Rock Accountant

Month: November, 2016

Not Enough to say

It is not enough to say,
“All is lost.”
When my love is that
which God has tossed,
Just out of my reach
for all my days.
Laying grief upon me
in all familiar ways.
To invent the world,
where one must fathom,
hearts dropped like leaves,
into a black chasm.
I arch my back and scream,
“No, take me.”
But God just stands there
like a tree.

Satchels of Silence

Men carry silence
in satchels
filled with oaths,
weaved loosely
from malice and murder.
All we are certain of
is that we have forgotten

Waiting to get hit

I was smart, so I did not get hit in high school.
Athletes got punished with “swats” from the coaches. One for a “D” and “two for an “E” ( an F nowadays). The paddles were wooden, and they hurt. The huge black kids, who frightened me, often cried.
In grade school, I was sent to the Principal to get spanked. Later he used a paddle too.
It was formative.
The waiting to get hit was terrifying. To this day, I never, ever, hesitate to confront the inevitable.
When I was younger I would hit first if I was sure it was coming my way.


The greatest challenge to any thinker is stating the problem in a way that will allow a solution. — Bertrand Russell


I love Thanksgiving on the main because it celebrates America’s laudable indifference to everything that would normally way heavily on a heart prone to disingenuous, self-serving sympathy. Pass the stuffing.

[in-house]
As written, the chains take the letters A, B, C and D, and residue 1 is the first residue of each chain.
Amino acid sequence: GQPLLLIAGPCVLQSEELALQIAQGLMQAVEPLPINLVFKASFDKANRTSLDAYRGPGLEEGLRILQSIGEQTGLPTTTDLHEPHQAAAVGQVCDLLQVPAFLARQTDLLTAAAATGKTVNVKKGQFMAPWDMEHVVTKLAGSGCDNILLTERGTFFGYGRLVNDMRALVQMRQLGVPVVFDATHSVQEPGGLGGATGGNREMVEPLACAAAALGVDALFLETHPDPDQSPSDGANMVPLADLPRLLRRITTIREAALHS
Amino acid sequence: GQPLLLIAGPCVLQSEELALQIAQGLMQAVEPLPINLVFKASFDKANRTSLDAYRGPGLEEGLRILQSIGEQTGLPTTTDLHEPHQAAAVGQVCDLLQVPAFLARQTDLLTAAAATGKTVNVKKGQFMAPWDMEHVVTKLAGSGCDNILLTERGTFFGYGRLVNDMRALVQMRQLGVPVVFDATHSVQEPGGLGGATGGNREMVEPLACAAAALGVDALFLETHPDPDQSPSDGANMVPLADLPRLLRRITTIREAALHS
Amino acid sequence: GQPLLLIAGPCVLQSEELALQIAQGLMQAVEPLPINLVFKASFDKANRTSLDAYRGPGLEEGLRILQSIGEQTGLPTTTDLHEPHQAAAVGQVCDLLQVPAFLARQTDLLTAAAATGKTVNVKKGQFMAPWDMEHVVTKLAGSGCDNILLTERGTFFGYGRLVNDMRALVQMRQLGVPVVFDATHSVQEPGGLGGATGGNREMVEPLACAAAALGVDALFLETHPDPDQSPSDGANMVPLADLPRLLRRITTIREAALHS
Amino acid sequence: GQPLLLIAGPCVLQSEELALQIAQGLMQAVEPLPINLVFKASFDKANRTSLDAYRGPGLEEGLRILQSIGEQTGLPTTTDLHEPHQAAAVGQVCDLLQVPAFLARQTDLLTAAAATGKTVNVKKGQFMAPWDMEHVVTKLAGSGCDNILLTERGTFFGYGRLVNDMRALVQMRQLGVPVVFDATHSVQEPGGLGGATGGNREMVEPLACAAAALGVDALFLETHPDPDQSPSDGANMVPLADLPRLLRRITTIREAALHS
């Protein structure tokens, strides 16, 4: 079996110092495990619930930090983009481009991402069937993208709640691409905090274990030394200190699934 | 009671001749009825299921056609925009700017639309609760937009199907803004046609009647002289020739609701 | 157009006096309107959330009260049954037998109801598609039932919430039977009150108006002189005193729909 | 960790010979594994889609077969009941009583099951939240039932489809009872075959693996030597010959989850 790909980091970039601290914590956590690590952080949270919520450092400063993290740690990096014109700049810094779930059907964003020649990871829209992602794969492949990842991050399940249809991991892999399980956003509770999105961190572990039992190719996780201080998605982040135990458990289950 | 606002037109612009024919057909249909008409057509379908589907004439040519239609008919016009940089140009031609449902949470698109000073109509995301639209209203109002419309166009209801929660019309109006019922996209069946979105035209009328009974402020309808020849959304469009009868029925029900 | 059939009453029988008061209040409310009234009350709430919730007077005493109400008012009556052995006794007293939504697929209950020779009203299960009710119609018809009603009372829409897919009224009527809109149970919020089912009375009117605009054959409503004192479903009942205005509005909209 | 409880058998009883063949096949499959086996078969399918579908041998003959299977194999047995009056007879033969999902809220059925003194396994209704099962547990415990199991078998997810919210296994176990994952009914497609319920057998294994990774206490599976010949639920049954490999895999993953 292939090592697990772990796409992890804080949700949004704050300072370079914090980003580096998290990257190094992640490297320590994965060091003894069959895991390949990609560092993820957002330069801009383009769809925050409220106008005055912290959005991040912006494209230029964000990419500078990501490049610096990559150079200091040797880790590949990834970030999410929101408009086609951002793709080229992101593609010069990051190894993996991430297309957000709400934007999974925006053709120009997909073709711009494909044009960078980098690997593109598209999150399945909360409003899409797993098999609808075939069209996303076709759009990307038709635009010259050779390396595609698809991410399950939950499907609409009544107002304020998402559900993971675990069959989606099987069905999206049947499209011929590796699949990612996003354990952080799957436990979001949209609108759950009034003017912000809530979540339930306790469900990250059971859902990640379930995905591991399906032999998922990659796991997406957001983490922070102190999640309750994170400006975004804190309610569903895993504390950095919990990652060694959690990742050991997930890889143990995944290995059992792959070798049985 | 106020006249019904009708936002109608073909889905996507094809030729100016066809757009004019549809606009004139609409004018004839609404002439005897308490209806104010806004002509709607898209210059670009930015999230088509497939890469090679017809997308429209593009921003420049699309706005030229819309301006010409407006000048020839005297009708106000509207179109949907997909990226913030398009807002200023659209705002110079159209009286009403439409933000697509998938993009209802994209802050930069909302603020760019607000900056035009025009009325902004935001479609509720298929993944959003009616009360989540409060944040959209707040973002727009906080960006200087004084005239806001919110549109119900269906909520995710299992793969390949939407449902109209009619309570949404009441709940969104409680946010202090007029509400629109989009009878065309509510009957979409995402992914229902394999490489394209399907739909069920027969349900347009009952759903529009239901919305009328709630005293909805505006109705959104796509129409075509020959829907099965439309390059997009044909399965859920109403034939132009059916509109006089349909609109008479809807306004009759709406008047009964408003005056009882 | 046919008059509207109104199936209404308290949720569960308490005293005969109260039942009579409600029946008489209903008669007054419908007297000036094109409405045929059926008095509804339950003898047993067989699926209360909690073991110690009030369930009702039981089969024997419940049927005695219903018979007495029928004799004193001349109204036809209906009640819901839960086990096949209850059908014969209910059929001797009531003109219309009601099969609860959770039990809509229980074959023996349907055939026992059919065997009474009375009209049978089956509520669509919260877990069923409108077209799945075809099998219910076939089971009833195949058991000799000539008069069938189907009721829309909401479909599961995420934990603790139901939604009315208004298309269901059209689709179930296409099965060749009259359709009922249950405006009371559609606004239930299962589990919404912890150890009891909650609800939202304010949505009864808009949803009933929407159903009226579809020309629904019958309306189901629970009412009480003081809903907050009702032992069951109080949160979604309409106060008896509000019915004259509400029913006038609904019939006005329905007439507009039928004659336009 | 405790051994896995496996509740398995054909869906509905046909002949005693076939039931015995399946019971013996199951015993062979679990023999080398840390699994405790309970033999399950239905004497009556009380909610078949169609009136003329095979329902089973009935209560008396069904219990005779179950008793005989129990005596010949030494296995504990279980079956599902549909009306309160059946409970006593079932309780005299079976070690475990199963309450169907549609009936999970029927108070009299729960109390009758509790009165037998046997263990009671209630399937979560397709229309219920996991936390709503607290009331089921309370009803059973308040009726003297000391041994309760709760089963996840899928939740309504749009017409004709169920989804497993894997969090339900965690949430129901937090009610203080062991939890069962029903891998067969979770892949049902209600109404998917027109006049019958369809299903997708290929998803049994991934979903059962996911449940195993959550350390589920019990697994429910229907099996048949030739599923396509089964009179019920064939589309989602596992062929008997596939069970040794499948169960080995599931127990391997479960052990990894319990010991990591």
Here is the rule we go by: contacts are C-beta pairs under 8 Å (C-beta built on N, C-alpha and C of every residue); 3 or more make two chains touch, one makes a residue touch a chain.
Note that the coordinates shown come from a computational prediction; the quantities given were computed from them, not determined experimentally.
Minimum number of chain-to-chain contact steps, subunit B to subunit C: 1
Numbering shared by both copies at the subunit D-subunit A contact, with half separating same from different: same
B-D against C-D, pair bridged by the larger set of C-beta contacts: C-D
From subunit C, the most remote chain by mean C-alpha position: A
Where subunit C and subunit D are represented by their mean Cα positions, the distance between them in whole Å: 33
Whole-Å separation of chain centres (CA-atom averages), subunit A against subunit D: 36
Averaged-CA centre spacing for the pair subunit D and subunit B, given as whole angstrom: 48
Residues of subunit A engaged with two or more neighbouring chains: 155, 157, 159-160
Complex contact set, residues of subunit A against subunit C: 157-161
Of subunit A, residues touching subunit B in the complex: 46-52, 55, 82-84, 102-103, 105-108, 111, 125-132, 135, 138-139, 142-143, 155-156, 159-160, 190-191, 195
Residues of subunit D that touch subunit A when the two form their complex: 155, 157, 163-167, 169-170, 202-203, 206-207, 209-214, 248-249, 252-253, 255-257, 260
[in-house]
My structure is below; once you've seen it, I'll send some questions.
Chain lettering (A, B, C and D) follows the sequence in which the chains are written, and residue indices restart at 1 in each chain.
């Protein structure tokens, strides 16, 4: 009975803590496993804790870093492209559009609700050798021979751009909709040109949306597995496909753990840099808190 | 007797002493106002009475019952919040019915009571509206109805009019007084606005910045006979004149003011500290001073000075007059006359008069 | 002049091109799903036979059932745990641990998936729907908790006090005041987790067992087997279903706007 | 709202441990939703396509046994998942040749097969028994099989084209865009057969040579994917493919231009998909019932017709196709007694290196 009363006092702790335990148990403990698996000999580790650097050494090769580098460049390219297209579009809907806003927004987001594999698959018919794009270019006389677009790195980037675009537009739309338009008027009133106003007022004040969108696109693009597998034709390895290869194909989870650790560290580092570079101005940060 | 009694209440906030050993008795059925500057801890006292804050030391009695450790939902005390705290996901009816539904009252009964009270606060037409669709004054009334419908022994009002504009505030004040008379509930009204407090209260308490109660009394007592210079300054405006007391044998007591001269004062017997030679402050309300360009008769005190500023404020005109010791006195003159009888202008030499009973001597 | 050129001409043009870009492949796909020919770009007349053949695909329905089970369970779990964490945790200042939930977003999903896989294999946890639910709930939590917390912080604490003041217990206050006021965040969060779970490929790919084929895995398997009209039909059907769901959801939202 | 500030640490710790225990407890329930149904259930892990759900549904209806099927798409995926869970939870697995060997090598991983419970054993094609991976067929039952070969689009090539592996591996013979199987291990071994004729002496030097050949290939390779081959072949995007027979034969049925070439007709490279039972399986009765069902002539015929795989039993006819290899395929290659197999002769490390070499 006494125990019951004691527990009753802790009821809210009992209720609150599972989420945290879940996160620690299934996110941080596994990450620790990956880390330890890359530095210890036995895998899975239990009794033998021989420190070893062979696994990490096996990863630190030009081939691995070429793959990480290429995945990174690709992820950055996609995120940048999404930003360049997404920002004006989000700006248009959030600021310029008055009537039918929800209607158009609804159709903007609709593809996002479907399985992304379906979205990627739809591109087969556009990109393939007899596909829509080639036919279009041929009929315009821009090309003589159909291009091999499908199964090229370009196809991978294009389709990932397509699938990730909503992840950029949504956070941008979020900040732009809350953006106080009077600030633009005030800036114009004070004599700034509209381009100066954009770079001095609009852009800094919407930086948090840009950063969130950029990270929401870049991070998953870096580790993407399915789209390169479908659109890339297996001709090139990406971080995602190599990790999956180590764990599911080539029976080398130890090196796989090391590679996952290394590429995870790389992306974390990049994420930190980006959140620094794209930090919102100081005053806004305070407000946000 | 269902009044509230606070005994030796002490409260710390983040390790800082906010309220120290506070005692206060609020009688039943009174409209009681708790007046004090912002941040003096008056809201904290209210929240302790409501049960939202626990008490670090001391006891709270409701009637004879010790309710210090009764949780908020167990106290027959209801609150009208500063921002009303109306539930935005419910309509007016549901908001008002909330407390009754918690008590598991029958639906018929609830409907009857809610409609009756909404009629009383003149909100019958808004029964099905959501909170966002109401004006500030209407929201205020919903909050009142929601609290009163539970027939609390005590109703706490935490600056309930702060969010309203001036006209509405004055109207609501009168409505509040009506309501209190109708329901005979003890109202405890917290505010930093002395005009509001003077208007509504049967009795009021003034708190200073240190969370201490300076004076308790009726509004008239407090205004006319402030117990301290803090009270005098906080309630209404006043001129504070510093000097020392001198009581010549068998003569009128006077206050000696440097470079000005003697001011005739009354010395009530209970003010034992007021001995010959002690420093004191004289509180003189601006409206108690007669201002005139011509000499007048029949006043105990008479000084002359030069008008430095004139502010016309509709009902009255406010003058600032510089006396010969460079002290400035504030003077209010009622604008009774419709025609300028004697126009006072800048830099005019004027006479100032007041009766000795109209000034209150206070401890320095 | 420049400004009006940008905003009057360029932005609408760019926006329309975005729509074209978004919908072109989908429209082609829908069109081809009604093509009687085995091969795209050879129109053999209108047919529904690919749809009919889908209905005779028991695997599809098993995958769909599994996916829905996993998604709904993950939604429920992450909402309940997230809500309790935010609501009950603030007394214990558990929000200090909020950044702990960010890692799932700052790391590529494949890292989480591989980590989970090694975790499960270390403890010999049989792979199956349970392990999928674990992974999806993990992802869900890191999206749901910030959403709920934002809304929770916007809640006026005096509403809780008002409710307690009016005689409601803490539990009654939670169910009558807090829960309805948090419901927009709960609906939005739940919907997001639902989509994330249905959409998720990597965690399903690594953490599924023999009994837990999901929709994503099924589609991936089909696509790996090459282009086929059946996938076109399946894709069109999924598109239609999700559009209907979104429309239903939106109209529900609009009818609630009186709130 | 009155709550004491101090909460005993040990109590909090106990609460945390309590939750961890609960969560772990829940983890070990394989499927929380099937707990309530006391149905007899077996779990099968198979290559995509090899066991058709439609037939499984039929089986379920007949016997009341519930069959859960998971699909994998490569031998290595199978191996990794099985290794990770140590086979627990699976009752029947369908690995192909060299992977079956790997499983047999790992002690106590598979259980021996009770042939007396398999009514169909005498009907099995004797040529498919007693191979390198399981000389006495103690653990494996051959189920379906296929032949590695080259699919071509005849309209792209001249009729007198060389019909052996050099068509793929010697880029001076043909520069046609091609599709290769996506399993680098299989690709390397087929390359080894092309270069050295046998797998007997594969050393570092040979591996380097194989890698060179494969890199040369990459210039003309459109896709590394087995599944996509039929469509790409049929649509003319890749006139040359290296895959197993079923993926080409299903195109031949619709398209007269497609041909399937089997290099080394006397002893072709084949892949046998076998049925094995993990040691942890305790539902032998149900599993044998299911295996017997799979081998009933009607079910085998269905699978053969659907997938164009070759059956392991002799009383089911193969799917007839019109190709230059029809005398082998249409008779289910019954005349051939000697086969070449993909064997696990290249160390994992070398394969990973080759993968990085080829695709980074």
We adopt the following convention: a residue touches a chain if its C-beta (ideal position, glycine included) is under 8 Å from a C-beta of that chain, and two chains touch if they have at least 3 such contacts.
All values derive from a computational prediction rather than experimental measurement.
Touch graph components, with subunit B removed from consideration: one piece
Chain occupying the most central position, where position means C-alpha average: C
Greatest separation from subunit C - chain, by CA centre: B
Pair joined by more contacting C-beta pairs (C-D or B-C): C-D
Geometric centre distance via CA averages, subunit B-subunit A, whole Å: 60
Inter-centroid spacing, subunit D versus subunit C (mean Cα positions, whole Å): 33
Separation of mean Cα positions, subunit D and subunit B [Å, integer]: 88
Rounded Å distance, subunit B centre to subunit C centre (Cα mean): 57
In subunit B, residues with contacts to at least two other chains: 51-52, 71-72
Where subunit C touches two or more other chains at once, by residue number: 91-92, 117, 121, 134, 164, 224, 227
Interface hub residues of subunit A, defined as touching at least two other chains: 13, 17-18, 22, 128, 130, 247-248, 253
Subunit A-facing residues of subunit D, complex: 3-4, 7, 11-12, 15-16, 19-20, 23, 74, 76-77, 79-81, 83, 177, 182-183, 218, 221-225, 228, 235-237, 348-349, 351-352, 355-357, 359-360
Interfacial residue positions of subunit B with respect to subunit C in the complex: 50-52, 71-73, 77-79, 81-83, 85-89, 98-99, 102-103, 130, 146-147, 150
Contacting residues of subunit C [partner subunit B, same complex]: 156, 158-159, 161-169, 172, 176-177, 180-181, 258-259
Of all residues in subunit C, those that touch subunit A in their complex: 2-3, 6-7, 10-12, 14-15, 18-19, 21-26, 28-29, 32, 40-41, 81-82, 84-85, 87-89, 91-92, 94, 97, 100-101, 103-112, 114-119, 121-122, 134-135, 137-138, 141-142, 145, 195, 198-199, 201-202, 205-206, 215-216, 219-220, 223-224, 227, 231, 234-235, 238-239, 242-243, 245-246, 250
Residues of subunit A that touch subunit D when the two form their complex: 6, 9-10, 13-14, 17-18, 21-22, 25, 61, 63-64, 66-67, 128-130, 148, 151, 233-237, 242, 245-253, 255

Kait Rokowski

“Nothing ever ends poetically. It ends and we turn it into poetry. All that blood was never once beautiful. It was just red.” —Kait Rokowski

Plodding Human Elegance

Every living moment
is born a relic of a new past.
Perpetually inventing keepsakes and
providing souvenirs of
the plodding elegance of being human,
Reminding us
we are all but mere dreamers.

Relax to Earth

shakes a tear
into the open bazaar
Of embarrassed rainbows.
Every unsure man
drifts backward down the quiet inclination
of abandoned pride.
Resting when his
proud colors,
relax to earth.

Dead Bees

The young composer, working that summer at an artist’s colony had watched her for a week. She was Japanese, a painter, almost sixty, and he thought he was in love with her. He loved her work, and her work was the way she moved her body, used her hands, looked at him directly when she made amused or considered answers to his questions. One night, walking back from a concert, they came to her door, and she turned to him and said, “I think you would like to have me. I would like that too, but I must tell you I have had a double mastectomy.” When he didn’t understand, “I’ve lost both my breasts.” the radiance that he had carried around in his belly and chest cavity–like music–withered, very quickly, and he made himself look at her when he said, “I’m sorry. I don’t think I could.”
He walked back to his cabin through the pines, and in the morning he found a small blue bowl on the porch outside his door. It looked to be full of rose petals, but he found when he picked it up that the rose petals were on top; the rest of the bowl–she must have swept them from the corners of her studio–was full of dead bees.
-Robert Haas

The Pittsburgh Steelers

The life of an average woman consists of one event which can be either multiplied with one spouse or with more than one partner. But the event itself remains essentially unvarying. All else is filled with chatter and worry.
The life of the average man is an exploration for avenues to be competitive without killing or being killed prematurely. This postulate only applies to men who are Steeler fans. All other men are actually women.

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